---|
670 | RTL & 469 & 4.17 \permil & 1.95 \\ |
---|
671 | ERTL & 789 & 3.01 \permil & 2.38 \\ |
---|
672 | LTL & 92 & 5.94 \permil & 0.55 \\ |
---|
673 | LIN & 354 & 6.54 \permil & 2.31 \\ |
---|
674 | ASM & 984 & 4.80 \permil & 4.72 \\ |
---|
675 | \hline |
---|
676 | Total & 6853 & 4.17 \permil & 28.63 \\ |
---|
677 | \end{tabular} |
---|
678 | |
---|
679 | We provide now some additional informations on the methodology used in the |
---|
680 | computation. The passes in Cerco and CompCert front-end closely match each |
---|
681 | other. However, there is no clear correspondence between the two back-ends. |
---|
682 | For instance, we enforce the calling convention immediately after instruction |
---|
683 | selection, whereas in CompCert this is performed in a later phase. Or we |
---|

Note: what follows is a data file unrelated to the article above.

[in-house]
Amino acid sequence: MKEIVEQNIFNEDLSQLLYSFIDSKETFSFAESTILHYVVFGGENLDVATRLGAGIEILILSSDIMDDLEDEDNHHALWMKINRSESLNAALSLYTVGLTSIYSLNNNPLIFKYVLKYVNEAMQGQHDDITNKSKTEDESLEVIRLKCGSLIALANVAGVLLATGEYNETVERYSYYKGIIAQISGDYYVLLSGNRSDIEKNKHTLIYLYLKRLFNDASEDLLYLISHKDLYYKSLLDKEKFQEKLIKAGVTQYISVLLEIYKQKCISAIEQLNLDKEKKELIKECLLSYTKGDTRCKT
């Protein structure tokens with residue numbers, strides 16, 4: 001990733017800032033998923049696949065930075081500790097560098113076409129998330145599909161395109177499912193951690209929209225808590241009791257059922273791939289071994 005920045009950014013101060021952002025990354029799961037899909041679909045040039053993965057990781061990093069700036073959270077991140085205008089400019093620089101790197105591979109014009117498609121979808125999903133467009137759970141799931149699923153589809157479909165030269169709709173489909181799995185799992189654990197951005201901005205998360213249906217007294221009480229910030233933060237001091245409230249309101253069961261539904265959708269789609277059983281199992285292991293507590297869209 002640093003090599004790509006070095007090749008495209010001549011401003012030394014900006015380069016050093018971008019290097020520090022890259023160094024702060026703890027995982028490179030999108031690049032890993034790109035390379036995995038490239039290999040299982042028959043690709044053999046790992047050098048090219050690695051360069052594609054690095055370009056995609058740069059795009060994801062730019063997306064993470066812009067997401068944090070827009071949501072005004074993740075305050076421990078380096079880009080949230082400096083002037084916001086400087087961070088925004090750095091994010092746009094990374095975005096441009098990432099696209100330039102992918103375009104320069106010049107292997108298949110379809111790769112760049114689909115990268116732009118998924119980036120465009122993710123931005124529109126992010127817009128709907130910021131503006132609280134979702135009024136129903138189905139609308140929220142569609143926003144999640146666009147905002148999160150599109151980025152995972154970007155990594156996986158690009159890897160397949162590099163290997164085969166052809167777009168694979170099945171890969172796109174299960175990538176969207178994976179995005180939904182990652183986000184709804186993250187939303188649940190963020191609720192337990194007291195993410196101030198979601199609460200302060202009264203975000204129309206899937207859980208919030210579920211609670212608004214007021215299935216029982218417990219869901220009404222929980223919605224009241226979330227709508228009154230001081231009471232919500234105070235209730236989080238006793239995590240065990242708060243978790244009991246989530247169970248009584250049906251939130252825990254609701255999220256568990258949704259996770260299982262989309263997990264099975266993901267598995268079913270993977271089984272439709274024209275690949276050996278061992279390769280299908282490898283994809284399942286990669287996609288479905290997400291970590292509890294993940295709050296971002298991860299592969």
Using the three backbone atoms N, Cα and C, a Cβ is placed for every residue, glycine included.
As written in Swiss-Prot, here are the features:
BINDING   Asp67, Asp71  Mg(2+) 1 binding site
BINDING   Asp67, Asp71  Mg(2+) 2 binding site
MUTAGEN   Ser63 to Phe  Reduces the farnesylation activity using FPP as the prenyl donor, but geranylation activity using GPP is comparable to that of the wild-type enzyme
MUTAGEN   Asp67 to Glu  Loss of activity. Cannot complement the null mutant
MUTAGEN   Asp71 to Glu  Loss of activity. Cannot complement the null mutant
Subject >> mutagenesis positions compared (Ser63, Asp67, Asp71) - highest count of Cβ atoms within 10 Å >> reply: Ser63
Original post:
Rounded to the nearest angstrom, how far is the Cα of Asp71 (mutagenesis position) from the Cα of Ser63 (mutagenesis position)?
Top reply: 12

684 | linearize the code at the very end, whereas CompCert performs linearization |
---|
685 | as soon as possible. Therefore, the first part of the exercise has consisted |
---|
686 | in shuffling and partitioning the CompCert code in order to assign to each |
---|
687 | CerCo pass the CompCert code that performs the same transformation. |
---|
688 | |
---|
689 | After this preliminary step, using the data given in~\cite{compcert} (which |
---|
690 | are relative to an early version of CompCert) we computed the ratio between |
---|
691 | men months and lines of code in CompCert for each CerCo pass. This is shown |
---|
692 | in the third column of Table~\ref{wildguess}. For those CerCo passes that |
---|
693 | have no correspondence in CompCert (like the optimizing assembler) or where |
---|
694 | we have insufficient data, we have used the average of the ratios computed |
---|
695 | above. |
---|
696 | |
---|
697 | The first column of the table shows the number of lines of code for each |
---|
698 | pass in CerCo. The third column is obtained multiplying the first with the |
---|